Second, although Simmons’s holding took policies into account that could arguably support not applying the FTCA judgment bar, the Court was at pains to distinguish cases that are closer to this one than is Simmons. See 578 U.S. at 629-30, 136 S.Ct. 1843. The issue in Simmons was whether the FTCA judgment bar applies to claims that are explicitly exempted from the FTCA due to their inclusion in the “Exceptions” section of the statute, 28 U.S.C. § 2680. Id. at 623, 626, 136 S.Ct. 1843. The Court focused on the plain text of the “Exceptions” section and held that the judgment bar did not apply. See id. at 627, 136 S.Ct. 1843. Unlike Simmons, this case did not involve dismissal under one of the exceptions in § 2680. It is true that the Court noted the “strange result” that would occur if “the viability of a plaintiff's meritorious suit ․ should turn on the order in which the suits are filed.” Id. at 630-31, 136 S.Ct. 1843. The Court reasoned that a dismissal under one of the § 2680 exceptions had “no logical bearing on whether an employee can be held liable instead” of the Government, but explicitly distinguished other types of cases, like this one, in which the plaintiff otherwise failed to prove his claim. Id. at 629-30, 136 S.Ct. 1843. The Court stated that if the district court had dismissed the FTCA claim on the merits, “it would make little sense to give [the plaintiff] a second bite at the money-damages apple by allowing suit against the employees: [the plaintiff]’s first suit would have given him a fair chance to recover damages for his beating.” Id. The Simmons decision thus cannot be read to overrule our holding in Harris, where Simmons applied only to the “Exceptions” provision of the FTCA and explicitly distinguished cases such as this one in which the FTCA claim is adjudicated on the merits.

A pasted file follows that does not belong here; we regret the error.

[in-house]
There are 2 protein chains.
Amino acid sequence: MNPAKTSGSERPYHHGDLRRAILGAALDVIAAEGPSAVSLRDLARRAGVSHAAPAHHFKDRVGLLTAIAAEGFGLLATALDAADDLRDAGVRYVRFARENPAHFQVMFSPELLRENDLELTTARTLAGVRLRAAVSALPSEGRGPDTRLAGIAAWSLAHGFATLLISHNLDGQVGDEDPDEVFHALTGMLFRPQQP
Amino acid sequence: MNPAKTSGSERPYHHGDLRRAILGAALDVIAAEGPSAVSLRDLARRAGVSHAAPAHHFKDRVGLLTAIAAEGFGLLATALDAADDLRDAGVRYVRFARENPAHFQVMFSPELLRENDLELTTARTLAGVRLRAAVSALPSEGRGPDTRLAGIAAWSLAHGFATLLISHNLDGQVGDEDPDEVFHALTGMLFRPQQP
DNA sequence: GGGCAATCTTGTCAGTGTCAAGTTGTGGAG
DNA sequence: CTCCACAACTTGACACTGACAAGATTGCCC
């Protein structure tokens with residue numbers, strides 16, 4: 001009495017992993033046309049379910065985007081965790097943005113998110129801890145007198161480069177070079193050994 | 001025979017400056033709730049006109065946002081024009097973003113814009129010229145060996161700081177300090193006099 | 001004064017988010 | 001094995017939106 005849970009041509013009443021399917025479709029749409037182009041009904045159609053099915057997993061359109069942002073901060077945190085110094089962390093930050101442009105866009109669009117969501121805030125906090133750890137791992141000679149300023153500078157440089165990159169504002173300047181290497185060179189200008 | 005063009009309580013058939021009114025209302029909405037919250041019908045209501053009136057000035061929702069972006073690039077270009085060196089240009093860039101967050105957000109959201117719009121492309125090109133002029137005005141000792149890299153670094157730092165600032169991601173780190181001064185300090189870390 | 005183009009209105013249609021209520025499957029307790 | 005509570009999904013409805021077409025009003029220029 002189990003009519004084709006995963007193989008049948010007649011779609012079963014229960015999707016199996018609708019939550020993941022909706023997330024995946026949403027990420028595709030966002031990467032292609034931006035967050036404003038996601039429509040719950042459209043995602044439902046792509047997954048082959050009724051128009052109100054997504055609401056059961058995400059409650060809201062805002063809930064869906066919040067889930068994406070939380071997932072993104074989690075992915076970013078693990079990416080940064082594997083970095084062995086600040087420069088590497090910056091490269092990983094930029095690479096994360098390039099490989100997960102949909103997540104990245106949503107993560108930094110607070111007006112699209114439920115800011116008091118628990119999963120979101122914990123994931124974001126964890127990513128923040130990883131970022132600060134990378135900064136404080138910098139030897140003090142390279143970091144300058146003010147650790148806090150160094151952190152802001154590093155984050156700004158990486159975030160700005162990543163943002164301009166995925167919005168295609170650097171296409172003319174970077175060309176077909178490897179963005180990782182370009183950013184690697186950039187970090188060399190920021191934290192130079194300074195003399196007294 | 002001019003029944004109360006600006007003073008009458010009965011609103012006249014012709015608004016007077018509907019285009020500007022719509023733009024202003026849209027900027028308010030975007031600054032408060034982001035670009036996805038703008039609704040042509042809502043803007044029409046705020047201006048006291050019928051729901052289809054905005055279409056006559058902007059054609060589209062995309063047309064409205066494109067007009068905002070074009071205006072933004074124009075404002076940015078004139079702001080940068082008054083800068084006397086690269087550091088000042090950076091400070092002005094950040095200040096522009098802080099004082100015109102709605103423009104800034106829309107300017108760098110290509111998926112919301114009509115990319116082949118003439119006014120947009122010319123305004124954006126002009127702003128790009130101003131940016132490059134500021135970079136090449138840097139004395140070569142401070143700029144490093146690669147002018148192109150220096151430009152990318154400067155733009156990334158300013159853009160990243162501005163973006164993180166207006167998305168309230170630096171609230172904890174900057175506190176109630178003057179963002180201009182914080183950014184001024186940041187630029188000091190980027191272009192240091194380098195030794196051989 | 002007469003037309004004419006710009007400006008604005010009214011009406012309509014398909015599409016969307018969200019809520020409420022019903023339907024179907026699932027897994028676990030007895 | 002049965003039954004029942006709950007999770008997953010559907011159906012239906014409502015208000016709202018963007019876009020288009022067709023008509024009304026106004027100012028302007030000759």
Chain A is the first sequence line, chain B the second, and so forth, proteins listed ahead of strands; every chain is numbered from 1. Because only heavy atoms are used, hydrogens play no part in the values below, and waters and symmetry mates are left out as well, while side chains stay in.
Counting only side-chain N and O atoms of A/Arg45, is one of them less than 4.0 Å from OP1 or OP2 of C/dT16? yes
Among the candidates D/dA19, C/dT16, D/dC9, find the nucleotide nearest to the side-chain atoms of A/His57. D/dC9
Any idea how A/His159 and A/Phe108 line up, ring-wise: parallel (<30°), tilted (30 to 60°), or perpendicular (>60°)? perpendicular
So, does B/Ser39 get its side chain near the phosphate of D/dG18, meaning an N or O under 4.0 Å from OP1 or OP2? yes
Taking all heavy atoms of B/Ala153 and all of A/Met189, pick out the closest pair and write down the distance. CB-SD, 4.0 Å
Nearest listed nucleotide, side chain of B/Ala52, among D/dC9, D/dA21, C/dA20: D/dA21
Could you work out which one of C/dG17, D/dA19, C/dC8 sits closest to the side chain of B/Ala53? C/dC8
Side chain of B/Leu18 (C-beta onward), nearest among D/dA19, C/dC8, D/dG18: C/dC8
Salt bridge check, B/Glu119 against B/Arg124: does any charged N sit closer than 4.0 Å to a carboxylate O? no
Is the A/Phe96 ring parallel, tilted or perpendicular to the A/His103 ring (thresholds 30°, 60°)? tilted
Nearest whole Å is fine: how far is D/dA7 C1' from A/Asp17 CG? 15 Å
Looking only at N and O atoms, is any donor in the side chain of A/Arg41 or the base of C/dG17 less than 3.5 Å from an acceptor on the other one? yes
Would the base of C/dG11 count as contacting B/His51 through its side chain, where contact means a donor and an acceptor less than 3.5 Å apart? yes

Finally, Will also does not call into question our Harris decision, because the Court in Will rejected the doctrinally distinct jurisdictional argument that a district court's rejection of the judgment bar was immediately appealable under the collateral-order doctrine. See 546 U.S. at 355, 126 S.Ct. 952. In distinguishing the judgment bar from qualified immunity with respect to interlocutory appealability, the Court indeed noted that “the judgment bar can be raised only after a case under the Tort Claims Act has been resolved in the Government's favor,” id. at 354, 126 S.Ct. 952, but that is true regardless of whether or not both claims have been litigated in the same action.
For the foregoing reasons, we affirm the judgment of the district court.
Plaintiff James Lee King was walking to his summer job when two strangers brutally attacked him. The two individuals attacked King so violently that onlookers thought King would die. Unfortunately for King, he found out after the fact that his attackers—Todd Allen and Douglas Brownback (collectively “Defendants”)—were federal law enforcement officers. Allen and Brownback were allegedly searching for someone whose description they thought matched King's, but they never identified themselves to King as federal agents.